GALLANT SOLDIER

Galinsoga parviflora

Daisy & Dandelion Family [Asteraceae]  

Flowers:
month8jun month8june month8jul month8july month8Aug month8sep month8sept month8Oct month8Nov

Pappus: pappusZpossible (very short)
pappus8sep pappus8sept pappus8oct pappus8nov

flower
flower8white
 
inner
inner8yellow
 
morph
morph8actino
 
petals
petalsZ5
 
stem
stem8round
 

3rd Nov 2008, Hand & Dagger PH, Lancaster Canal, Nr Bilsborrow. Photo: © RWD
A sprawling mass!


3rd Nov 2008, Hand & Dagger PH, Lancaster Canal, Nr Bilsborrow. Photo: © RWD
The leaves are broad with coarse teeth.


3rd Nov 2008, Hand & Dagger PH, Lancaster Canal, Nr Bilsborrow. Photo: © RWD
With only five (white) ray florets, it has, along with one of the fewest outer florets for a member of the compositae (apart from those with none).


3rd Nov 2008, Hand & Dagger PH, Lancaster Canal, Nr Bilsborrow. Photo: © RWD
Note the small white seeds looking like miniature flowers. Both Gallant Soldier and Shaggy Soldier possess pappus scales (the 'feathers)' fringed with hairs, but only Shaggy Soldier has a fine terminal projections at their tips. This is the most reliable differentiator between the two species. See Shaggy Soldier for other microscopic differences for which your Author does not possess the corresponding photos of for Gallant soldier.


3rd Nov 2008, Hand & Dagger PH, Lancaster Canal, Nr Bilsborrow. Photo: © RWD
The petals have three prominent lobes.


3rd Nov 2008, Hand & Dagger PH, Lancaster Canal, Nr Bilsborrow. Photo: © RWD
Un-like the similarly 5-petalled Yarrow, Gallant Soldier has yellow disc florets.


Easily confused with : Easily confused with : Shaggy Soldier (Galinsoga quadriradiata), but that is much more straggly and hairier. There is only one feature by which it is reliably differentiated from Shaggy Soldier and that is by the shape of the pappus scales (the 'feathers' on the seeds). See image captions.

Distinguishing Feature for Soldiers : The five (or sometimes only four) short white ray florets with large gaps between. Gallant Soldier has slightly shorter petals than Shaggy Soldier.

No relation to : Water-Soldier (Stratiotes aloides) [a plant with similar name]

Gallant Soldier is yet another alien plant accidentally foisted upon Britain by Kew Gardens, Surrey in 1860, the year it escaped from there. However, if they had not brought it in the first place, it would not have escaped for us to now enjoy. The list grows ever longer. But should botanists be worried by this? Perhaps it was here once before, before the last ice age, and maybe the one before that, etc.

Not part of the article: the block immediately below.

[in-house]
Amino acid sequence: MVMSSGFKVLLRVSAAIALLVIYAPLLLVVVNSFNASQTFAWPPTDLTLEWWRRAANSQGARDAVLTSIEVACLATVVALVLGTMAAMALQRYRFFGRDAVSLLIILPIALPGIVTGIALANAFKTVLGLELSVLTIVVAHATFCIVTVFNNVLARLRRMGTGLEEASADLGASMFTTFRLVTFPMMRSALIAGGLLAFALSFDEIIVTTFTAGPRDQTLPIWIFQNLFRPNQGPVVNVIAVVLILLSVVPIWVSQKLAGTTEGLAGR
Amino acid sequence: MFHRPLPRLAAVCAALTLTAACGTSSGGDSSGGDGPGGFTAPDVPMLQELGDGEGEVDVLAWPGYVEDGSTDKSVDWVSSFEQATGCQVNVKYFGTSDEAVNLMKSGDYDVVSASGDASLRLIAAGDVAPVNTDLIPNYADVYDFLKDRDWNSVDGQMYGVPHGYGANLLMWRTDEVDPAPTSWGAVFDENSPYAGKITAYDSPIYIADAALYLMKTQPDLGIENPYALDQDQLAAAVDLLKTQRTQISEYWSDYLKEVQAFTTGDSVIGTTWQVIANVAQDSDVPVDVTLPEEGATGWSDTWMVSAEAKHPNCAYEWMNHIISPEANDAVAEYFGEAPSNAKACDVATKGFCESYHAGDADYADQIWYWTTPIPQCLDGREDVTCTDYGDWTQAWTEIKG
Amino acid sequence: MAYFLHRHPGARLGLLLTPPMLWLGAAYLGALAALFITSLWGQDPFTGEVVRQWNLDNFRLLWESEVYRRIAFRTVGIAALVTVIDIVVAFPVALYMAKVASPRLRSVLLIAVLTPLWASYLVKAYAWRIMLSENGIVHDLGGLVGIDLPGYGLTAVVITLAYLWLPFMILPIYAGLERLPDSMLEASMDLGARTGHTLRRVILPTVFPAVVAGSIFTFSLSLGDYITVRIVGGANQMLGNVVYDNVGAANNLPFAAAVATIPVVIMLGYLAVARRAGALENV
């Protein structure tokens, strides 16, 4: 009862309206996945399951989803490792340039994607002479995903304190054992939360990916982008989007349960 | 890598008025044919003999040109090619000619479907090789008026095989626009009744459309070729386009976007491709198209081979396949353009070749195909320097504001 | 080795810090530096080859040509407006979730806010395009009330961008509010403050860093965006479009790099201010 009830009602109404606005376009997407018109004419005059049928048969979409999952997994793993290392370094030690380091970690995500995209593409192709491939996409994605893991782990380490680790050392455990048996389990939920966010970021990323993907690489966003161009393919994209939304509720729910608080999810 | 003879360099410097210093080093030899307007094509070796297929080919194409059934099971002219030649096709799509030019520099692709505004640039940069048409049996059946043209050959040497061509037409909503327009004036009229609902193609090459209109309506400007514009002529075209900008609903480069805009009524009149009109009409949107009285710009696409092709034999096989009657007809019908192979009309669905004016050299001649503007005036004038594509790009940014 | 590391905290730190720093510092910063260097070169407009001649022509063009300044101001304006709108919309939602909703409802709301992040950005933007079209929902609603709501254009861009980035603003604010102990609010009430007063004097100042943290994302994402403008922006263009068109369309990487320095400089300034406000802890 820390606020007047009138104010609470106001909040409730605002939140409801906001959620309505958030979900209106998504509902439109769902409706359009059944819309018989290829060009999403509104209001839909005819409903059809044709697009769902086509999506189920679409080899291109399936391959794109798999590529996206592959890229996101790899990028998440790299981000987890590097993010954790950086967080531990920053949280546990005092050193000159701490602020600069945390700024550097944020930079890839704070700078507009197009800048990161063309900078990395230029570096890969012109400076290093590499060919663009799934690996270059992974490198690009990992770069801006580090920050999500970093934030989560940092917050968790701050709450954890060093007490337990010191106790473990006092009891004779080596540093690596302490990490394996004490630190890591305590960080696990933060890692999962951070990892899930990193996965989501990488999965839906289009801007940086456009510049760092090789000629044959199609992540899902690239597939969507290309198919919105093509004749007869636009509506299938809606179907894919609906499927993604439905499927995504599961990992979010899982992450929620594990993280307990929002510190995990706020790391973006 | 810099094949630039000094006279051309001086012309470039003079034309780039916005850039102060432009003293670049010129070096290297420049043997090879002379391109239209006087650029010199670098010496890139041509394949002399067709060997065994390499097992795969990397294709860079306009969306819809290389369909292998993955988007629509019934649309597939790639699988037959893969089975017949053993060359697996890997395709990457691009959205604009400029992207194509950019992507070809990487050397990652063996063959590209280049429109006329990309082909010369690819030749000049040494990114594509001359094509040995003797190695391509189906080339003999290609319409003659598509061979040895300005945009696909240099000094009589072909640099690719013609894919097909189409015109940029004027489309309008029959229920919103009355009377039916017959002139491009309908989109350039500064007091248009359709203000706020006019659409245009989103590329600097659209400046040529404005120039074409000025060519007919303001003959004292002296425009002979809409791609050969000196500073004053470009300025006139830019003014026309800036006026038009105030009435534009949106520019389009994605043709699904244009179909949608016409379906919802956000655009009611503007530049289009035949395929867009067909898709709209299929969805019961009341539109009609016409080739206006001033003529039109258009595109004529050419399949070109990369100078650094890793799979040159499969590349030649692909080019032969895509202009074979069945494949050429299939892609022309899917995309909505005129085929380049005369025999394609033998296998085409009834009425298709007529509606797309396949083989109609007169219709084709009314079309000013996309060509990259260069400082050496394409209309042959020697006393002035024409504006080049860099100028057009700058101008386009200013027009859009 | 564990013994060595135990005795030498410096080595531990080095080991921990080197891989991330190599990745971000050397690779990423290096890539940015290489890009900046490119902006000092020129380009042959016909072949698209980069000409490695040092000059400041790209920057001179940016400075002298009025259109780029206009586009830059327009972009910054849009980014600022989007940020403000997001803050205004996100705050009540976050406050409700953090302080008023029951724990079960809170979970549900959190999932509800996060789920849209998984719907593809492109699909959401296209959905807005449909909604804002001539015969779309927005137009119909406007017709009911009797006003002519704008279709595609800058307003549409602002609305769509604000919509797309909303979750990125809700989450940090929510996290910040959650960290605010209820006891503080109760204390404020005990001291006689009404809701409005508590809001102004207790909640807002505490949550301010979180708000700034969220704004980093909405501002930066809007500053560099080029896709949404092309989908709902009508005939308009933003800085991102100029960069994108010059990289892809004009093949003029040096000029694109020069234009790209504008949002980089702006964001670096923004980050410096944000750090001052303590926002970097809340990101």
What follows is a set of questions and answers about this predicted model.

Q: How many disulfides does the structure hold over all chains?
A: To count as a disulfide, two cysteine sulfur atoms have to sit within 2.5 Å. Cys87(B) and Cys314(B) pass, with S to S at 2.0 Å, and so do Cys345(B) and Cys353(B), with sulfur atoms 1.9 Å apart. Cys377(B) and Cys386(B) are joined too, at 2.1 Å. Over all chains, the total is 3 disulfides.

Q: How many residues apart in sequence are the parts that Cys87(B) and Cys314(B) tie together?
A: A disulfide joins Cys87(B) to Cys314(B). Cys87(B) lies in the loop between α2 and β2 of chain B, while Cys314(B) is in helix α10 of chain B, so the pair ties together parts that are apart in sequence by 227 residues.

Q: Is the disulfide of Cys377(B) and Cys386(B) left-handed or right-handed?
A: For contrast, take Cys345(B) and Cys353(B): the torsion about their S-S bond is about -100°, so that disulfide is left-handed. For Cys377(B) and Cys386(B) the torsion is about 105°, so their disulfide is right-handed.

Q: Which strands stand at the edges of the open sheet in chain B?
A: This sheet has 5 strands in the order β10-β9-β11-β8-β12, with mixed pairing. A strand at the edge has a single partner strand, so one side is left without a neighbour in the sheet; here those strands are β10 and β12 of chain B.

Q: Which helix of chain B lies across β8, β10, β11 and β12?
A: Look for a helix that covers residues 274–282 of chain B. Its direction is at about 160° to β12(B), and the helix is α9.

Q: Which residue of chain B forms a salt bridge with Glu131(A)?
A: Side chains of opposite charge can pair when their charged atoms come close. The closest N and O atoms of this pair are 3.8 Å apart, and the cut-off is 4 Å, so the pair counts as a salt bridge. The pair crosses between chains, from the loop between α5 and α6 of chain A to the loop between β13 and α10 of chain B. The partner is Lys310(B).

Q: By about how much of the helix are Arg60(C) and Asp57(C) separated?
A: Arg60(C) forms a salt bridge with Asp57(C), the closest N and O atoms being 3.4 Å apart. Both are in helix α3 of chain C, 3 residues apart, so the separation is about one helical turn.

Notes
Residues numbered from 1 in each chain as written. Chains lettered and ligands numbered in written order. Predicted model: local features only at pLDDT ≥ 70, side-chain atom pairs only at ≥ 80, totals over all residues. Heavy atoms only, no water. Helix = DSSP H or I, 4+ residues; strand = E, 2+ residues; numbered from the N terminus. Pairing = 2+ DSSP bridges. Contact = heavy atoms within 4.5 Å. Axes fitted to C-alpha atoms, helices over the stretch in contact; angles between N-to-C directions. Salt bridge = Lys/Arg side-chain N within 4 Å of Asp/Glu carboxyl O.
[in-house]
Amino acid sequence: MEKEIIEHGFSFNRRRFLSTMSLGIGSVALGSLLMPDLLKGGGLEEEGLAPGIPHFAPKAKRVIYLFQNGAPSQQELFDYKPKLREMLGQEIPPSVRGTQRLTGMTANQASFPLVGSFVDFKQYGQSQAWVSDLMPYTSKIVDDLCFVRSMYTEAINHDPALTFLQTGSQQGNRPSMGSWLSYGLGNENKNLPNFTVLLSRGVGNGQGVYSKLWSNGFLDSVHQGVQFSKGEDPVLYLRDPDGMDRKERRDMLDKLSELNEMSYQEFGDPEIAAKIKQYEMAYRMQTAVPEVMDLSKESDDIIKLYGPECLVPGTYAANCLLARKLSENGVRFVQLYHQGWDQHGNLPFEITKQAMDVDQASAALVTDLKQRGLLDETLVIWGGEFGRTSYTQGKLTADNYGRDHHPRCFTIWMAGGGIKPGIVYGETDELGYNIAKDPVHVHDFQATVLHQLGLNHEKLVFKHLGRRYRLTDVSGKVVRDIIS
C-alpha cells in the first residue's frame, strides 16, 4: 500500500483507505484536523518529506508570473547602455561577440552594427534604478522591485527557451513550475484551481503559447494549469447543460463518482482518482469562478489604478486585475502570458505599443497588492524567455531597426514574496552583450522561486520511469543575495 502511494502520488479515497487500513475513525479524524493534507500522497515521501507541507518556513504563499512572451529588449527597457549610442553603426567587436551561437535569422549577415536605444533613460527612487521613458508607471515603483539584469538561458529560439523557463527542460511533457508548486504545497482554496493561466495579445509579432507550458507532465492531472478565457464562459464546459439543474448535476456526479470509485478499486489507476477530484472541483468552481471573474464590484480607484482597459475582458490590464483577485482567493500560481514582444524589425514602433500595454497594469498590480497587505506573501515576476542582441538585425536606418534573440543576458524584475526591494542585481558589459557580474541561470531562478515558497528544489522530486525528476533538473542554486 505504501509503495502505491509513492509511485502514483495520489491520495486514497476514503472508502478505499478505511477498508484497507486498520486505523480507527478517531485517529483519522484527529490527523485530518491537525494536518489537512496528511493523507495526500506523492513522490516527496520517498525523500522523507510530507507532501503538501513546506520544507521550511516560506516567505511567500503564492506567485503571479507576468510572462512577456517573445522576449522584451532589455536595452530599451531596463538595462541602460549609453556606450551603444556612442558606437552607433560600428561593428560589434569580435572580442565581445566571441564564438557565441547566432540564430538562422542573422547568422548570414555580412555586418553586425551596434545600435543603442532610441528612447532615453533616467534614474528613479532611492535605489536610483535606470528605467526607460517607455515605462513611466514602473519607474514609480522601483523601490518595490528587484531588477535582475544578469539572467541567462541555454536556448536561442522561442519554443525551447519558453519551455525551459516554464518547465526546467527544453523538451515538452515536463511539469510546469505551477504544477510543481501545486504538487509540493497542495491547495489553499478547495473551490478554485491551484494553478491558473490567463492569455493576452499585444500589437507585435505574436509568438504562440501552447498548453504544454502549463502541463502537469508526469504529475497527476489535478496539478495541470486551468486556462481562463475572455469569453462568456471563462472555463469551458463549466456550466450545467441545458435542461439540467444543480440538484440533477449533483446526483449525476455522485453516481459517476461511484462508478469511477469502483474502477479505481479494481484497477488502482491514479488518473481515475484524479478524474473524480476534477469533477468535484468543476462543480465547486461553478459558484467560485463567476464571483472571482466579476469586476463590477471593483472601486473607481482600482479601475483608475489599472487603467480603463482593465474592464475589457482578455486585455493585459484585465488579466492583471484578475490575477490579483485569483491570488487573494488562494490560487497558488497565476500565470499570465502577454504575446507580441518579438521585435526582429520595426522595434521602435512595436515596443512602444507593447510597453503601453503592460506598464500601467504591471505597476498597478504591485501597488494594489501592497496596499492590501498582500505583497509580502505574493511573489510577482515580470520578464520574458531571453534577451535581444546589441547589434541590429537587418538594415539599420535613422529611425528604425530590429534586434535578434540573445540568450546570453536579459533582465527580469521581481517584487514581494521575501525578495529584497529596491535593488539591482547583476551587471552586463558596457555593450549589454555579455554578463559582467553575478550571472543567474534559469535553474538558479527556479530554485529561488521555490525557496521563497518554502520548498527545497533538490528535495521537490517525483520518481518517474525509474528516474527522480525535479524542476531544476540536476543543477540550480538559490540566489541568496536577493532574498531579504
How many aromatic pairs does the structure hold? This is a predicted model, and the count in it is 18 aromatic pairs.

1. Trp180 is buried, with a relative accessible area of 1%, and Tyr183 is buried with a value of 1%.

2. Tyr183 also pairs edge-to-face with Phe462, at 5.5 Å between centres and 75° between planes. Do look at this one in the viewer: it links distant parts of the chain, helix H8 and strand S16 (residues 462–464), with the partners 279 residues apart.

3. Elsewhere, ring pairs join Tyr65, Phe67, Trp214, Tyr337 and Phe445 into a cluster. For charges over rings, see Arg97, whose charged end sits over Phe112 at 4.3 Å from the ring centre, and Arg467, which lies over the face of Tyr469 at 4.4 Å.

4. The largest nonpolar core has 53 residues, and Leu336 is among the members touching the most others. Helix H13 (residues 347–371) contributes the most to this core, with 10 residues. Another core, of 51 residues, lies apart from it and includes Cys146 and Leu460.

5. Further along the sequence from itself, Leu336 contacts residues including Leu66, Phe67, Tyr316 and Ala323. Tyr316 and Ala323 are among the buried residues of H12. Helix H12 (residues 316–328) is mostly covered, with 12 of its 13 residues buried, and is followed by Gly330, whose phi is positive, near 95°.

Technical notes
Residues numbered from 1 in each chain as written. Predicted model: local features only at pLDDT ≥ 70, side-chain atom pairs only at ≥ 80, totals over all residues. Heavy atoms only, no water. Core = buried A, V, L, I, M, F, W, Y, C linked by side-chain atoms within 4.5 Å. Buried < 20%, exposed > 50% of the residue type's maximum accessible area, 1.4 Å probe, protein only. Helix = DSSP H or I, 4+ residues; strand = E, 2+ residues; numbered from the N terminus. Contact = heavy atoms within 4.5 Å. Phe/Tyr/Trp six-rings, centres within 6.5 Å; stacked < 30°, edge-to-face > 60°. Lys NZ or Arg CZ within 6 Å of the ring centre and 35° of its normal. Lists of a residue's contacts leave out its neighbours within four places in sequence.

Gallant Soldier is now to be found in the car park of The Hand and Dagger pub, on the Lancaster Canal, which is now a long way from where it originally escaped. It likes bare waste ground and possesses five, sometimes only four (hence the spurious scientific name), white ray petal-like florets.

Claim to Fame: Along with Shaggy Soldier and Yarrow (Achillea millefolium) this plant has the fewest outer petals of any member of the Daisy and Dandelion Family, totalling a meagre five, apart from those plants which have no outer florets such as Groundsells. Most other members of this family have many more than a dozen outer petals.

It is an unusual compositaeae (Daisy & Dandelion Family) plant in that it has only five (white) rays, but many (yellow) inner florets.

Gallant Soldier contains two glycosides: Galinsosides A and B, a flavonone glucoside plus two hydroxyflavanones.

Gallant Soldier contains two hydroxyflavonones, Butin (7,3',4'-trihydroxyflavonone) and 3,5,7,3',4'-pentahydroxyflavonone (not shown). Compare Quercetin. Butin has a cyto-protective effect in cells against oxidative damage from hydrogen peroxide. Flavonols are yellow or deep yellow in colour and contribute to the colour of many yellow flowers.


  Galinsoga parviflora  ⇐ Global Aspect ⇒ Asteraceae  

Distribution
family8daisy family8dandelion  family8Asteraceae

 BSBI maps
genus8galinsoga
Galinsoga
(Gallant Soldiers)

GALLANT SOLDIER

Galinsoga parviflora

Daisy & Dandelion Family [Asteraceae]  

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